Amid the day's pomp and circumstance floated the undeniable narrative of disillusionment: Obama supporters cheered on the president as he embarked upon a second term though, it seemed, that their expectations and excitement had waned since the first inauguration, when nearly 2 million spectators packed onto the Washington Mall to watch him take the oath of office.
However, Lupe Fiasco, who was invited to perform at Sunday night's inaugural event celebrating President Obama's second term went far beyond expressing disappointment.
At an event organized by StartUp RockOn — a networking group for start-up entrepreneurs that does a poor job explaining what it actually does on its website — Fiasco performed a song from his 2011 album Lasers, "Words I Never Said," which includes the following lyrical bomb: "Limbaugh is a racist, Glenn Beck is a racist / Gaza Strip was getting bombed, Obama didn't say shit."
Unsurprisingly, this classic case of biting the feeding hand resulted in Fiasco leaving the stage.
The specifics of how and why the rapper was led offstage remain blurry — the Washington Post reports that he was "approached by guards and taken off stage." Foreign policy reporter Josh Rogin tweeted that the rapper was "thrown off stage" and Matt Dornic, CNN Worldwide's senior director of public relations, that he was "kicked off stage."
StartUp RockOn, however, noted in a statement Fiasco was "not 'kicked off stage'" and instead claims that "organizers decided to move on to the next act" after the rapper performed the same song for 40 minutes.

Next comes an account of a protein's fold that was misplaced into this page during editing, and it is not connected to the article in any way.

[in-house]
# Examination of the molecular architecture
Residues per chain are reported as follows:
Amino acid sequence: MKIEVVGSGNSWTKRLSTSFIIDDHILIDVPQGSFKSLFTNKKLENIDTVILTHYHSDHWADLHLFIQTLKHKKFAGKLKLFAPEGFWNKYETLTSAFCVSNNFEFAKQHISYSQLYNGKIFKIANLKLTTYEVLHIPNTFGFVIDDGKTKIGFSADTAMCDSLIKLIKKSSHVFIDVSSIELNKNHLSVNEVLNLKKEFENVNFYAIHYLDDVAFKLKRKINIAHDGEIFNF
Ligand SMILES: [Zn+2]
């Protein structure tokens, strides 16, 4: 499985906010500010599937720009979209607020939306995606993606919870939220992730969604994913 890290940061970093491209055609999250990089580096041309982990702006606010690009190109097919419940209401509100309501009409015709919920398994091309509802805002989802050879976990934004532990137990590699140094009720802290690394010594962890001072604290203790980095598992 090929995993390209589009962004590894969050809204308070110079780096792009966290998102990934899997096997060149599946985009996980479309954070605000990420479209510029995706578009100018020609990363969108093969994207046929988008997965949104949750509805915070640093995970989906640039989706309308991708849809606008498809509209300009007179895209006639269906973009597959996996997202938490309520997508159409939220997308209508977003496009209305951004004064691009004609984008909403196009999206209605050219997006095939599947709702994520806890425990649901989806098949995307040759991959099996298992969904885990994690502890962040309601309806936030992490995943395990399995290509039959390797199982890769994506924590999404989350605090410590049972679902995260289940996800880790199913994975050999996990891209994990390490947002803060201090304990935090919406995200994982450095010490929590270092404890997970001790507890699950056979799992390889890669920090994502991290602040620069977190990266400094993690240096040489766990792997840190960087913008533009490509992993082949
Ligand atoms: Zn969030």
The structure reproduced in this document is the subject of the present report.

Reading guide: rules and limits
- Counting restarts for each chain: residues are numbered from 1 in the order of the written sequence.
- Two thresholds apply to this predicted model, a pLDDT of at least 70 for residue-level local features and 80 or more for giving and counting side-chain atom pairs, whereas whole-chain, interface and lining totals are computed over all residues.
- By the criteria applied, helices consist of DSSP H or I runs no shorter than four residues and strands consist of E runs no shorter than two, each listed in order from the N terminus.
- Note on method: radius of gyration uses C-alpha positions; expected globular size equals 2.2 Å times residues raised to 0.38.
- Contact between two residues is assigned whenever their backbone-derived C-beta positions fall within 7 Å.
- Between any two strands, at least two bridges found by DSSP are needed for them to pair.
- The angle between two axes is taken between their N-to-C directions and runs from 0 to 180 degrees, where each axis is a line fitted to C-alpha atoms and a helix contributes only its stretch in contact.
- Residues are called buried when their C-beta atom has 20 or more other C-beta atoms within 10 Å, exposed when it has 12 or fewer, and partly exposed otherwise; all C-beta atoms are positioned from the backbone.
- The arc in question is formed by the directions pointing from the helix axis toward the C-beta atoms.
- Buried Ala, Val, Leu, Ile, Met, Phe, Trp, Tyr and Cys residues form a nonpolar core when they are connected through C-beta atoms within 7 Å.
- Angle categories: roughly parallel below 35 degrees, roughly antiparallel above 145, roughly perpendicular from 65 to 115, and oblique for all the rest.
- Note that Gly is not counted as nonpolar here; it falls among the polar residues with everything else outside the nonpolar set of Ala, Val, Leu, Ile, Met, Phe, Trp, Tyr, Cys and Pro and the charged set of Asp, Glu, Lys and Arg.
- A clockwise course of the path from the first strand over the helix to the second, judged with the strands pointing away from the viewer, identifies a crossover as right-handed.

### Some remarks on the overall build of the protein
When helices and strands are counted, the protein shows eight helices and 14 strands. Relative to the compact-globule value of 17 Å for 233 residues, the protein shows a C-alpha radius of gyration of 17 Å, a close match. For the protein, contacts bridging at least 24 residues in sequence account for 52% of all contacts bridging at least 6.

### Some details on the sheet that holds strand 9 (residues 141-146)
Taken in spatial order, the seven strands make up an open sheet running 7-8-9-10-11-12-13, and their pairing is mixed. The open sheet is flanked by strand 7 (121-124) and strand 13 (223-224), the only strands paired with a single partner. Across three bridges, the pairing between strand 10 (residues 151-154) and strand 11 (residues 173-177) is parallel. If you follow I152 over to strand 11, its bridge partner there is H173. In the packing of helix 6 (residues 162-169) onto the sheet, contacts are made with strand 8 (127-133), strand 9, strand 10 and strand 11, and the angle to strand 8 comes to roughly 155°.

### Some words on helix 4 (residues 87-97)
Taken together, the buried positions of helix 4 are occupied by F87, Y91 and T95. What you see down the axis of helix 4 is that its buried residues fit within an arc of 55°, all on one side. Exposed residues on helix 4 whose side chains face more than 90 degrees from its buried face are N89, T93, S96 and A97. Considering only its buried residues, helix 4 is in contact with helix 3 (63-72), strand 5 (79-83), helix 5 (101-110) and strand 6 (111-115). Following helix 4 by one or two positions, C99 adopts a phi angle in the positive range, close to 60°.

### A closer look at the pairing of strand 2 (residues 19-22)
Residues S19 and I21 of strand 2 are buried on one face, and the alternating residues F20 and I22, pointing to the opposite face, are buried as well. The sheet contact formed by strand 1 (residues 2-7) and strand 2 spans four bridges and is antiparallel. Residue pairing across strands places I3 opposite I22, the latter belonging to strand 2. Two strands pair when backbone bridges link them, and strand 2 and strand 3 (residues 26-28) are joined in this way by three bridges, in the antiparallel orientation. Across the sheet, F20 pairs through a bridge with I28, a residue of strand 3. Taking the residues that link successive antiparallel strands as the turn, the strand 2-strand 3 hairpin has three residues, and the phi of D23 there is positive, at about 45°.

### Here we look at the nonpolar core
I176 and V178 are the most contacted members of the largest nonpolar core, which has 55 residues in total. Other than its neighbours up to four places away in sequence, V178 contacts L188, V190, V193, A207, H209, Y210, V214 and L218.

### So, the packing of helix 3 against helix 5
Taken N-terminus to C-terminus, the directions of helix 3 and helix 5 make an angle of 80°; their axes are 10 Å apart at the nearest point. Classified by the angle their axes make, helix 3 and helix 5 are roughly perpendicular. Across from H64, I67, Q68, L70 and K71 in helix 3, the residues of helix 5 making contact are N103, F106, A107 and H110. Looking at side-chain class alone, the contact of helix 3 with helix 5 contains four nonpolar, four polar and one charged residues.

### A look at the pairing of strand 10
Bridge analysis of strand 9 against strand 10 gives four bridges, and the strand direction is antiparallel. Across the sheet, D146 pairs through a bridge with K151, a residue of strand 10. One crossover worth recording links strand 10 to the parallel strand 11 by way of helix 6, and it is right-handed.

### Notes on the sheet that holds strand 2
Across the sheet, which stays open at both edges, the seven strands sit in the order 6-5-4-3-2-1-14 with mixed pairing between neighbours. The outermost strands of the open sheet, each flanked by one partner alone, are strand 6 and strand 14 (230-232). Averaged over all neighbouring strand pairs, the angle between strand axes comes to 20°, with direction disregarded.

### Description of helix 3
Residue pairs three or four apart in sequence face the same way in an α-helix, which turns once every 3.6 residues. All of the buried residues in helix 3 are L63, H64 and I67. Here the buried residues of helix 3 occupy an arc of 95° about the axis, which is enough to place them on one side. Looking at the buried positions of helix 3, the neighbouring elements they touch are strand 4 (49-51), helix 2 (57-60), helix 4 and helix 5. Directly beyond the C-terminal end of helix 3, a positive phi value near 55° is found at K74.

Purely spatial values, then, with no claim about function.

Fiasco's action has sparked controversy online, where some are lauding the 30-year-old performer for his courage.
Yet what has gone unnoticed in the mostly celebrity-driven coverage of this incident, is the context surrounding Fiasco's lyrical protest.
In "Words I Never Said," a chilling piano-backed hip-hop anthem laced with conspiratorial lyrics, Fiasco paints a dark portrait of the country. He asks if 9/11 was an inside job ("9/11, Building 7, did they really pull it"); takes the fluff-obsessed news media to task ("If you turn on TV, all you see's a bunch of what-the-f---s / Dude is dating so-and-so, blabbering 'bout such and such"); and describes powerful financiers as money-hungry psychopaths ("Crooked banks around the world would gladly give a loan today / So if you ever miss payment they can take your home away").
Beyond the song's incendiary lyrics lies a potent message: out of fear we keep to ourselves what we know to be the truth. Haunting female vocals repeat a to-the-point chorus: "It's so loud inside my head / With words that I should have said / As I drown in my regrets / I can't take back the words I never said."
Fiasco's protest performance shows his art comprises more than mere words serving the bottom line of a major record label — they contain, to at least some extent, his real thoughts; they serve as his vehicle of self expression.
If it takes spoiling an inaugural celebration for the artist to share what his conscience tells him he must, then that makes him a man of his word.
That's more than can be said about most politicians.